MICROSOFT IS bringing 64-bit support to the ARM version of Windows 10… soon.
The ARM version of Windows 10 was released last year and is designed for so-called "always-on" (nice way of saying 'budget') machines.
Unfortunately, there are a whole crock of compatibility issues, which will come as a surprise to few, but perhaps raises a little eyebrow as to why it was released at all, this soon.
But once 64-bit app compatibility is launched, it will mean a wider range of software will be usable on ARM-powered machines. Whereas Linux had moved to a 64-bit only model (with backwards compatibility) some time ago, there are a lot of key applications for Windows x86 (the posh name for 32-bit) that don't have an x64 version.
However, with 32-bit computing reaching a saturation point in terms of performance, future applications will need 64-bit computing to cope with future advancements.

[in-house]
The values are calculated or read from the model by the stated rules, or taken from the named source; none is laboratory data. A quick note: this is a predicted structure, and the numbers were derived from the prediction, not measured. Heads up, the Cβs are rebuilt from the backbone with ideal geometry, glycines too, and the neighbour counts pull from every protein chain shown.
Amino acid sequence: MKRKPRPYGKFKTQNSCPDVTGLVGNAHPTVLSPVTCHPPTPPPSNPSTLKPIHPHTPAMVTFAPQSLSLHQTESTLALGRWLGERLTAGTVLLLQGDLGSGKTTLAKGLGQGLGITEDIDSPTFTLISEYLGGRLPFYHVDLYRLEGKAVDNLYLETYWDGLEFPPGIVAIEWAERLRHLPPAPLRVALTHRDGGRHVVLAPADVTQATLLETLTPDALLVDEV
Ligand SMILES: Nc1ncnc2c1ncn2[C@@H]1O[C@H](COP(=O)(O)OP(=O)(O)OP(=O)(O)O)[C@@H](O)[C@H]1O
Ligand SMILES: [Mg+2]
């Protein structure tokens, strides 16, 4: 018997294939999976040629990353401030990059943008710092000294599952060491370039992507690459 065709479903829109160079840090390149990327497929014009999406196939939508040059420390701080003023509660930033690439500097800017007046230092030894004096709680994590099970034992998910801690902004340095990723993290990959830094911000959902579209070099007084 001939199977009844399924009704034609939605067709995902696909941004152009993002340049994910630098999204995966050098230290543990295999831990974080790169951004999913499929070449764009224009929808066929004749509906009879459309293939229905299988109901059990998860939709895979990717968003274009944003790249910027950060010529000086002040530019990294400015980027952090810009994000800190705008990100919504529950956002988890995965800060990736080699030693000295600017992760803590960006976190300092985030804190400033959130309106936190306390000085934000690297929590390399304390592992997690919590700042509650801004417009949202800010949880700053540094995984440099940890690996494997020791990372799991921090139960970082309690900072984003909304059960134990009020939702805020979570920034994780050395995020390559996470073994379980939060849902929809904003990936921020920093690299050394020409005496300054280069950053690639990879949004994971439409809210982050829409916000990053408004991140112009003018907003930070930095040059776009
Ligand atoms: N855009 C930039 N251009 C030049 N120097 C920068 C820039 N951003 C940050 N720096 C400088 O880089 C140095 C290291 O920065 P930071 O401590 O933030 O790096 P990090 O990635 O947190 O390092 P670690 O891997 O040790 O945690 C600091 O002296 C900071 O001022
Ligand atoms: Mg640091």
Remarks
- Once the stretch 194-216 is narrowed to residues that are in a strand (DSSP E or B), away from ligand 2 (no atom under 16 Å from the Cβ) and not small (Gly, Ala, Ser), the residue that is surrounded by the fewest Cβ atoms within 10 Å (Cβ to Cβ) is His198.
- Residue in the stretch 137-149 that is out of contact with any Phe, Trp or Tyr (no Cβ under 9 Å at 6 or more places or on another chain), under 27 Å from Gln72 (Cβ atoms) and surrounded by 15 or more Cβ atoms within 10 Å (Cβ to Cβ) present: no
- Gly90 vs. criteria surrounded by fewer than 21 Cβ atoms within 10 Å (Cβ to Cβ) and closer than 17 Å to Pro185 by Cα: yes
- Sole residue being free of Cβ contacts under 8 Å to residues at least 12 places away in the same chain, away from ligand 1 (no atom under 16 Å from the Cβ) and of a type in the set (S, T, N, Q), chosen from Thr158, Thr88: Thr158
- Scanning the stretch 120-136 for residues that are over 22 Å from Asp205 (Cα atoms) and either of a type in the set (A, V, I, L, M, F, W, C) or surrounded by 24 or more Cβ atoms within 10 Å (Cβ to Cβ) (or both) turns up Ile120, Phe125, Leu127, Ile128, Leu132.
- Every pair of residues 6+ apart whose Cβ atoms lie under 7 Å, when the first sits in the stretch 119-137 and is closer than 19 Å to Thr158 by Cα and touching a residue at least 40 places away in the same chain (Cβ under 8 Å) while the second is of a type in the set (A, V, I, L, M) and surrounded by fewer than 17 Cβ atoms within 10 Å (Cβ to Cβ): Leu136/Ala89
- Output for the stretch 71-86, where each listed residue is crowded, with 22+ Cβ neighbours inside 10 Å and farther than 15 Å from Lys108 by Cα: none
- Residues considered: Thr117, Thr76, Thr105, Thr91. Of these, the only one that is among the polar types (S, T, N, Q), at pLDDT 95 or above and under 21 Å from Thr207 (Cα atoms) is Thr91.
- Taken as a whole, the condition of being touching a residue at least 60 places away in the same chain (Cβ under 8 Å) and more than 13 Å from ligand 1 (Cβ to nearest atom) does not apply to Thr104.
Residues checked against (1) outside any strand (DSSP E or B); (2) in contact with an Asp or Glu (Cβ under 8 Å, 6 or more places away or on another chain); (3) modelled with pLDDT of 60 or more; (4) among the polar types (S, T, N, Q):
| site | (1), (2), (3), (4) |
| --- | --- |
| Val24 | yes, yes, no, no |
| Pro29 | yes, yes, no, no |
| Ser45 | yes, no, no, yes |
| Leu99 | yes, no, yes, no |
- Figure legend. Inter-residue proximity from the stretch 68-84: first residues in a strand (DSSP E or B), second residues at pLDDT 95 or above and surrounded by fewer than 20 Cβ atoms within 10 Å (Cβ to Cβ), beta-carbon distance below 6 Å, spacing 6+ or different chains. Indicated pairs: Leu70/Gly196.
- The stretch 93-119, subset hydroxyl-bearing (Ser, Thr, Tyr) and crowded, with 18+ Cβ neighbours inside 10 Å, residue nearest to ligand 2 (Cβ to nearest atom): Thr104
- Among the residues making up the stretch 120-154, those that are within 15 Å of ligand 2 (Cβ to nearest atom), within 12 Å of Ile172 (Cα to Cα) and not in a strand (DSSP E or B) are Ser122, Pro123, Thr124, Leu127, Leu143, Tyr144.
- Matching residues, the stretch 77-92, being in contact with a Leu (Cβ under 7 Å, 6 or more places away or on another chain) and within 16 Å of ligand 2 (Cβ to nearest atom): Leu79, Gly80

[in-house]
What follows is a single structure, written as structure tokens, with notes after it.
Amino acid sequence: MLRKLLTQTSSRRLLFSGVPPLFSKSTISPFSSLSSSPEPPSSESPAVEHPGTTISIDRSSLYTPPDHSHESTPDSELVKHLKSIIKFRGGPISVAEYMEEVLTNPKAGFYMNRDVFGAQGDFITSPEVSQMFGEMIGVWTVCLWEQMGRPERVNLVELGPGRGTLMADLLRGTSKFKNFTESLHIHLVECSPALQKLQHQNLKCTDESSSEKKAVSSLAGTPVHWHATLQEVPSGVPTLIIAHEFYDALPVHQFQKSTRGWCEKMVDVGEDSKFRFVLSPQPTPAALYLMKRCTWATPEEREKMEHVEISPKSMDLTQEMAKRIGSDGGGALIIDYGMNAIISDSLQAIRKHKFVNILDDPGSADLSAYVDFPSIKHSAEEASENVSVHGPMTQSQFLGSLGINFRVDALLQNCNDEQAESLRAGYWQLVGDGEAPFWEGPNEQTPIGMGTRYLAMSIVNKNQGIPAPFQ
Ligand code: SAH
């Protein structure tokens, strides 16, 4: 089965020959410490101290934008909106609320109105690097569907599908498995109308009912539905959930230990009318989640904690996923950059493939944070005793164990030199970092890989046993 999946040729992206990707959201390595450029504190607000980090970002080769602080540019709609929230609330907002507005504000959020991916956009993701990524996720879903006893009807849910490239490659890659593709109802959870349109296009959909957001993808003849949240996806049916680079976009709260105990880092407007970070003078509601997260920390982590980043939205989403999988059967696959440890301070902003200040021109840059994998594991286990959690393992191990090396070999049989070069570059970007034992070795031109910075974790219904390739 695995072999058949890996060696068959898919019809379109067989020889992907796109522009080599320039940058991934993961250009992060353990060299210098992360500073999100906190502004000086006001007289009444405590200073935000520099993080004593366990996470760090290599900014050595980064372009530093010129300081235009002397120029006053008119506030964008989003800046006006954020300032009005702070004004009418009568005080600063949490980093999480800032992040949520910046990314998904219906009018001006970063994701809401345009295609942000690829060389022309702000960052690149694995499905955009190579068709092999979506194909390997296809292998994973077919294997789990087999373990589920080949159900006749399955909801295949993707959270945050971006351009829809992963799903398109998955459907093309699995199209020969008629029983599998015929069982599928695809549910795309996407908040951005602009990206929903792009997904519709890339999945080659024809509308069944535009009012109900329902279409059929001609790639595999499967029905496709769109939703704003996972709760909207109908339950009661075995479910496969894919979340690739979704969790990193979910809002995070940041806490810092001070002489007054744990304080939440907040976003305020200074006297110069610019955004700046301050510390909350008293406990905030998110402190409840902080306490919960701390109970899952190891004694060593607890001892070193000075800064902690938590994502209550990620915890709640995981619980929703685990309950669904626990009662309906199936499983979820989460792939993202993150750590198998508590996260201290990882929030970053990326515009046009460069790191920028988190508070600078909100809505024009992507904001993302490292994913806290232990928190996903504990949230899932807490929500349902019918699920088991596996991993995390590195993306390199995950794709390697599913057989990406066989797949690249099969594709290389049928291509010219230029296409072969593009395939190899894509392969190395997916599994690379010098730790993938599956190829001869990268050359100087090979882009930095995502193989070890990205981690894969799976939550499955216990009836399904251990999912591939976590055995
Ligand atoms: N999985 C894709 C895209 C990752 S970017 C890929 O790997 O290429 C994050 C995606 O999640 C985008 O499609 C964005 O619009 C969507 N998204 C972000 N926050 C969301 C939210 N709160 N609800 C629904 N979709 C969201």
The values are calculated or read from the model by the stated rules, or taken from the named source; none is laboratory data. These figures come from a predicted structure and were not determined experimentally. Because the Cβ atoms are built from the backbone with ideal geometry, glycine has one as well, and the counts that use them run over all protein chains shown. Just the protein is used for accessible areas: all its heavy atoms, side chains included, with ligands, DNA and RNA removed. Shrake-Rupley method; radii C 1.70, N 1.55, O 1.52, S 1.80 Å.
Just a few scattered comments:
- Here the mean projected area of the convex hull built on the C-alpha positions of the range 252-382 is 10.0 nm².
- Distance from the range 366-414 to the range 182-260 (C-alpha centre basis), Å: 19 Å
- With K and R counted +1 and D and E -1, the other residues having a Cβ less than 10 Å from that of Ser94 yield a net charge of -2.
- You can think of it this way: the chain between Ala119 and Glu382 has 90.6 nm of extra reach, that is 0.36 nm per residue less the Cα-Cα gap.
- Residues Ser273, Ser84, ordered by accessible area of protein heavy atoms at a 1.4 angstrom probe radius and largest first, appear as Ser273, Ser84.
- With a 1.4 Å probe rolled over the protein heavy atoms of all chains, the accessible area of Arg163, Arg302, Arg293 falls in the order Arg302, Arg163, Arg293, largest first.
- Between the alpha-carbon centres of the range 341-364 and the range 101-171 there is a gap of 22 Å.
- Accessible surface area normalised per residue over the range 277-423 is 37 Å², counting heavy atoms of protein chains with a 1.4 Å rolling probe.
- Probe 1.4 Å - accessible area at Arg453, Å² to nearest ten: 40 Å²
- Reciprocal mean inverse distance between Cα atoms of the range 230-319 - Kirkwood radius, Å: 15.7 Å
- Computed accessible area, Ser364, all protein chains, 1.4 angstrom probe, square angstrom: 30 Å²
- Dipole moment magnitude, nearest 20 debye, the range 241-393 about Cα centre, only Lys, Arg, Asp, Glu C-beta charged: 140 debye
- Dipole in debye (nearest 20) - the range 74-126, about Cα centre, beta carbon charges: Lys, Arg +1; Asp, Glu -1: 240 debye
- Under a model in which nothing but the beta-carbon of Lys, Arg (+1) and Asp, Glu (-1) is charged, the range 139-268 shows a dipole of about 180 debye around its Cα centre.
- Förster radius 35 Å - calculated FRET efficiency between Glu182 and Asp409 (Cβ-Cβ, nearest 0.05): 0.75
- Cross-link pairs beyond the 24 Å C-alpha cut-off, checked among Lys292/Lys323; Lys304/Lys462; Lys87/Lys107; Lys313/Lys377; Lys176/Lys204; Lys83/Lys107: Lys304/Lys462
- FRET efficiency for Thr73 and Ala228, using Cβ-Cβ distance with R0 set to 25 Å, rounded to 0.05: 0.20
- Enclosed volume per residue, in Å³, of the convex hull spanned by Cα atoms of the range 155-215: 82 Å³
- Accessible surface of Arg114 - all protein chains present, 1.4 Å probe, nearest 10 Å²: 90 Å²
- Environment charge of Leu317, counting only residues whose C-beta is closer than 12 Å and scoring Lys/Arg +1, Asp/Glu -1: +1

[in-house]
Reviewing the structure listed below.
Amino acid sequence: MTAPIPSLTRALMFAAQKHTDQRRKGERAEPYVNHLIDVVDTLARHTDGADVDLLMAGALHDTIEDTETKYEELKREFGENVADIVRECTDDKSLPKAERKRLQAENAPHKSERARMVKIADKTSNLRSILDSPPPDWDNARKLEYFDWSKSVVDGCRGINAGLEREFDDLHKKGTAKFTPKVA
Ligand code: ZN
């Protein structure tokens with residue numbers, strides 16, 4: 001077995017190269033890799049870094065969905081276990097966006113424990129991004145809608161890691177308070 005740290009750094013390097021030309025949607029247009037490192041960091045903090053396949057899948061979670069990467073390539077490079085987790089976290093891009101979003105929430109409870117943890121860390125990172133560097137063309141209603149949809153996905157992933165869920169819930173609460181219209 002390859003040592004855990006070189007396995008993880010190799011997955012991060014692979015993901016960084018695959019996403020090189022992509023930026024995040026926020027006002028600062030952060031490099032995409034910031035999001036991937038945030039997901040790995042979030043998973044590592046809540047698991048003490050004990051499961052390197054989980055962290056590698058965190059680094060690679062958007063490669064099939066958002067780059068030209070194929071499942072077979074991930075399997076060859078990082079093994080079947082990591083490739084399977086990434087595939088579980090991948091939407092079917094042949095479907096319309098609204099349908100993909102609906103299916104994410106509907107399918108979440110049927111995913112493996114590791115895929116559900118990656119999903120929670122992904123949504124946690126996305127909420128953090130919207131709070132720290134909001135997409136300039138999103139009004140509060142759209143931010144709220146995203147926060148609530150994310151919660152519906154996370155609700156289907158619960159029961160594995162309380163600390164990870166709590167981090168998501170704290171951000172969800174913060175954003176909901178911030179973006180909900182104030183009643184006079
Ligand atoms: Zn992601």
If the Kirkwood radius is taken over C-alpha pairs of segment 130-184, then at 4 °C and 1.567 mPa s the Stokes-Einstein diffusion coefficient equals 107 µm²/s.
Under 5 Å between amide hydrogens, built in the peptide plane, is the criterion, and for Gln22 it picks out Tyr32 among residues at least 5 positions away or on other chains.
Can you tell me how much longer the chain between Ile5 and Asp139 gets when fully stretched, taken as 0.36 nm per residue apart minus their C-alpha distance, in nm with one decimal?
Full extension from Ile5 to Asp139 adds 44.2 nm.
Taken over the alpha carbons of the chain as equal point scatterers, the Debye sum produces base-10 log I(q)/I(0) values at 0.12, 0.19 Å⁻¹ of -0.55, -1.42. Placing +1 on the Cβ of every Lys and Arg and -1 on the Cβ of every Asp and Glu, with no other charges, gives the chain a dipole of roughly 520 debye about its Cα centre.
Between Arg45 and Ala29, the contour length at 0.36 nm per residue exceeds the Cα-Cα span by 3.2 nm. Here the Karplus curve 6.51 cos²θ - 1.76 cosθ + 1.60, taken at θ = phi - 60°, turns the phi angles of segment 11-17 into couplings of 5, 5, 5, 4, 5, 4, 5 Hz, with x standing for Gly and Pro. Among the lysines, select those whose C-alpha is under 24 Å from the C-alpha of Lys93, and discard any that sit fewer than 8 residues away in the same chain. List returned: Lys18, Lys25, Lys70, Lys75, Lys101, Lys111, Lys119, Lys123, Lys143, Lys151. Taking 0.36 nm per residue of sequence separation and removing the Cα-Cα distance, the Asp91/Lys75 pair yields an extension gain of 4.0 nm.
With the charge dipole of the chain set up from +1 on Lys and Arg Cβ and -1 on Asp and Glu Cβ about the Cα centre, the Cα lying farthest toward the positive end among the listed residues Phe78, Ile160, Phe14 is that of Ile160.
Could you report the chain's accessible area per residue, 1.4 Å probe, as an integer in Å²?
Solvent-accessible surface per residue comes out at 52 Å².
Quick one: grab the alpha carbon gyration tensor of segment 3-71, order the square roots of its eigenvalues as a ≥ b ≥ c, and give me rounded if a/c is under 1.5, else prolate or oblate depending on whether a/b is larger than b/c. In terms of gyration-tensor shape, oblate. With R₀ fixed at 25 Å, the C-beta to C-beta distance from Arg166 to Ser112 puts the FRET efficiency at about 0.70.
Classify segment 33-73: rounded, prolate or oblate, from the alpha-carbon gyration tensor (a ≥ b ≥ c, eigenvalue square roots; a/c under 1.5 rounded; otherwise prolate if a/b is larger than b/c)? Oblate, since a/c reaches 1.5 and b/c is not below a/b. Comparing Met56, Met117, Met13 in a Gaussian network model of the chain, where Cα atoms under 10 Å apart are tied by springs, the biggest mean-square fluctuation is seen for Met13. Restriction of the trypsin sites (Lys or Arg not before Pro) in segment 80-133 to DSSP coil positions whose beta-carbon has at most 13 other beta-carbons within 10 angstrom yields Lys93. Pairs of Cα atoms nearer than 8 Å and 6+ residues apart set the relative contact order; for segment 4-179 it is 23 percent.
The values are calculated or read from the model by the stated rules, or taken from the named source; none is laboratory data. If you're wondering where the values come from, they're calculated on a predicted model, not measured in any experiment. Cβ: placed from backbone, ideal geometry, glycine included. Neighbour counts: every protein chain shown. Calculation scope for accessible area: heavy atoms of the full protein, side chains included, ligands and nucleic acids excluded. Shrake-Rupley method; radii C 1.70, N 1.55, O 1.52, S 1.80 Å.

If you're thinking "but what about Microsoft apps", well, yes, for some reason (ahem), apps from the Microsoft stable, especially those Universal Windows Platform (UWP) apps that it would dearly love us all to be using, are already working. Draw your own conclusion.
There's no word on 64-bit emulation, and given that the performance of many x86 apps on ARM so far has been lousy, it could be a while before we can confidentially recommend Windows for ARM for everyday use.
As we know from the switch from Windows 10's S Mode as an option rather than an obligation, and again from Windows RT before it, Microsoft keeps offering us "cheaper Windows but tied down" and we keep rejecting it, it's getting kind of boring.
The arrival of proper 64-bit support, first reported by Engadget, could do something to fix those frustrations, but whether or not its enough to save the project from short-to-medium-term obsolescence whilst both sides fix the playing field, is something that remains to be seen.
In the meantime, watch the Build conference, we're expecting more details from there. µ
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